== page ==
EAEA News 2006-12-22
The report on and assessment of the EAEA activities of 2006 was done at the General Assembly in Avilés, on 16-19 November, which obliges us to draw the conclusions and think it over and then enjoy the holidays, so we can continue our work with a fresh mind. I would like to thank our hosts, FEUP for the warm welcome in Avilés.
I think that the EAEA took another significant step forward in 2006 in its professional activity. I would like to point out one of our focuses now, the Trends and Issues in Adult Learning in Europe study, which, in the meantime was used to form the background study to the Commission´s communication published recently, called ‘Adult Learning: It´s never too late to learn´.
As it was said on a number of occasions, we should neither underestimate, nor overestimate this achievement. To my knowledge, the EAEA has never been a partner to the Commission before in preparing a study that serves as policy development in adult learning on European level. This holds very important opportunities for the future. On the other hand, it has to be noted that due to the short period of time given, our resources, the diverse nature of the field and the lack of research findings and data, we could not carry out the final and monographic processing. At the same time, the study is a comprehensive overview that is rather the beginning than the end of further systematic work serving the development of adult education within lifelong learning. We will have even more things to do in the work the EAEA has also been invited to be involved in, namely formulating the Communication´s action plan. As you can read on the Commission´s website, the Commission is urging Member States to have an efficient adult learning system, which is more effectively integrated into their national lifelong learning strategies. To help this process, the Commission is proposing to launch an Action Plan on Adult Learning in 2007. The EAEA can only take a step forward if it can submit proposals on national level implementation programmes in close co-operation with its member organisations.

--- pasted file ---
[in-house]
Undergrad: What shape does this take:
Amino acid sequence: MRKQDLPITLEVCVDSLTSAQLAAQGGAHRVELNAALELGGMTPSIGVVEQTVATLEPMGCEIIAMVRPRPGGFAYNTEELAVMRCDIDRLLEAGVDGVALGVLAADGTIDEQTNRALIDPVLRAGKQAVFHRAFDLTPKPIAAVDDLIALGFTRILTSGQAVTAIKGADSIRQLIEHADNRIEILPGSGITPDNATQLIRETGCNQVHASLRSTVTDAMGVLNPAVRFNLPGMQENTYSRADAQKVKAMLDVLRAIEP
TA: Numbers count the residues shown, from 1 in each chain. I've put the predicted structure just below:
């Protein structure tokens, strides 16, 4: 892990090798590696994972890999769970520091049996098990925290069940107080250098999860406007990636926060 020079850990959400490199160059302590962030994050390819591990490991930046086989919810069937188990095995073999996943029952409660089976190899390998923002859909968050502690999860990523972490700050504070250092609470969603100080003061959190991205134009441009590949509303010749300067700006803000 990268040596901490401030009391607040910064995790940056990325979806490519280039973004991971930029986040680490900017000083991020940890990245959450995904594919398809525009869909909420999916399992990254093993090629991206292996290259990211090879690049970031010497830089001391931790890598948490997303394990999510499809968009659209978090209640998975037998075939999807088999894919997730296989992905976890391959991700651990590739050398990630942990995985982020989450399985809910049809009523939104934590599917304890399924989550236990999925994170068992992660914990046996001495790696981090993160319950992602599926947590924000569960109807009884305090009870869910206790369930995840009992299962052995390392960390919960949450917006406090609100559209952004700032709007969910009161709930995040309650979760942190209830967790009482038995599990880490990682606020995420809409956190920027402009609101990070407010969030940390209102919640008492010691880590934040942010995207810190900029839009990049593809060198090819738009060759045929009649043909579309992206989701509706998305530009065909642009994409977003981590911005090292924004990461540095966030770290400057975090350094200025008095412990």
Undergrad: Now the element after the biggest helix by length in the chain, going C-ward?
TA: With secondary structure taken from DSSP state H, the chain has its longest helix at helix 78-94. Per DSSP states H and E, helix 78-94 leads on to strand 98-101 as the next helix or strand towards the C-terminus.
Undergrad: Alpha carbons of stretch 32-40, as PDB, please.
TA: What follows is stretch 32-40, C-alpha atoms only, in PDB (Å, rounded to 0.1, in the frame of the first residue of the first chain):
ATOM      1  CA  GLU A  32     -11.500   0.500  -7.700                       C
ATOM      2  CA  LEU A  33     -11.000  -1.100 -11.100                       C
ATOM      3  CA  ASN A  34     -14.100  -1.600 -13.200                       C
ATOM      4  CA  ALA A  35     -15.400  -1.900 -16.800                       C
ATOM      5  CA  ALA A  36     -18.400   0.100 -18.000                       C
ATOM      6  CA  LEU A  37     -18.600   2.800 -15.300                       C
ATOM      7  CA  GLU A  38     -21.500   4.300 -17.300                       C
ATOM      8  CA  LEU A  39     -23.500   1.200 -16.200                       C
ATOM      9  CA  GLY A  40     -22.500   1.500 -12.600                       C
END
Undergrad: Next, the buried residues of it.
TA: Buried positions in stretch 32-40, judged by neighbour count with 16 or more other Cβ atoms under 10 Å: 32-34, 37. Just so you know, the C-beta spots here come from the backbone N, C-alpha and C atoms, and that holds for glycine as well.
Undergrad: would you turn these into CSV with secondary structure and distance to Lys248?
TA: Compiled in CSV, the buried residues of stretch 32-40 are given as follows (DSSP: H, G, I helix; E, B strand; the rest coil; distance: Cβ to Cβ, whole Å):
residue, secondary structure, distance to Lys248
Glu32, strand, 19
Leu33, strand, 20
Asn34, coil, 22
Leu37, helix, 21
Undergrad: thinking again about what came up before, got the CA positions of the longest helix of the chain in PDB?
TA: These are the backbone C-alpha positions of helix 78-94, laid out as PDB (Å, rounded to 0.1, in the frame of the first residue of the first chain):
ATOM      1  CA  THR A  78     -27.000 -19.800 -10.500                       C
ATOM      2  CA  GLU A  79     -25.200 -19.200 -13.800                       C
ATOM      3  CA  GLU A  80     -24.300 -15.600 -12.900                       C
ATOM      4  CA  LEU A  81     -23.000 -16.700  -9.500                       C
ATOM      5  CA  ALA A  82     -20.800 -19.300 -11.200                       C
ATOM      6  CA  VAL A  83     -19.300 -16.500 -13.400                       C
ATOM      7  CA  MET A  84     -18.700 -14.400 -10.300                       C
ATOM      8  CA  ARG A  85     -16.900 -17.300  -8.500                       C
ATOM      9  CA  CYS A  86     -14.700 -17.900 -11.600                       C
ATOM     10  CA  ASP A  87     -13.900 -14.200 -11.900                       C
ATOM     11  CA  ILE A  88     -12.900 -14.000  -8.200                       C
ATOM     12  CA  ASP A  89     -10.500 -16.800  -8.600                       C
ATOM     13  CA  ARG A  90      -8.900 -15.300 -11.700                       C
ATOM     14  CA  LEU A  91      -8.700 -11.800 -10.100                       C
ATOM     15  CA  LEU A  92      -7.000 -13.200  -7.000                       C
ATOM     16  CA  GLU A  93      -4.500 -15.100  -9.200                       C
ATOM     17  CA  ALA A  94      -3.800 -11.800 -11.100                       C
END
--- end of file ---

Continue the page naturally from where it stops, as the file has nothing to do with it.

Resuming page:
The board has been doing detailed work on, among other things, Organisational Development over the recent years to assess the EAEA´s potential future development, mainly due to the fact that we cannot exploit the organisation´s full potential, since co-operation between personnel and co-ordination is not efficient enough and there is insufficient personnel to cover the occurring tasks. Essentially, the EAEA is a "small" and "poor" organisation compared number to number of its member organisations in terms of human resources and financial resource. Audit and analyses of the EAEA´s income and overheads make this point very clear. The board delegated a committee with the leadership of J.Klerck vice-president, and the participation of Eeva Inkeri and Brid Connolly and they prepared a proposal on organisational development following more than a year´s in-depth work and discussion about proposals they made in co-operation with the board. The GA eventually gave mandates to the newly elected board to continue this work.
Besides the words of criticism on the member organisations´ part, there were numerous proposals on organisational development, all of which circled around one point and there was strong agreement by everyone that serious efforts need to be made to save up for the future of the EAEA, i.e. to strengthen the financial situation and sustainability. There were many precise and proactive proposals, the details of which cannot be listed here, but which have to be kept in mind and made visible and known in order for the newly elected board to be able to consider the members´ opinion and proposals as much as possible. The EAEA´s members and leaders including the president have to learn from the words of criticism in the same way.
Let me now share only a few thoughts that represent the lessons I have learnt. It is the nature of development and progress to raise new issues. We cannot step into the same river twice, even if our human nature means we have a great tendency to do so. The debates, fears and opposing interests that progress naturally encompasses have to be elucidated patiently and carefully, which necessitates higher quality leadership, membership activity and an improved co-operation between these two.
Thanks to everybody who contributed to this.
We will need it even more in the future.
One thing is certain; one cannot think and act along the lines of the sometimes outdated methods, expectations and circles of interest of an earlier developmental phase. A new perspective is needed, the formation of which requires consensus.
I hope that the efforts of 2007 bring all of us positive results.
I start by wishing all of our members and colleagues a Happy Christmas, pleasant holidays and a refreshed and improved co-operation in the year ahead.
János Sz. Tóth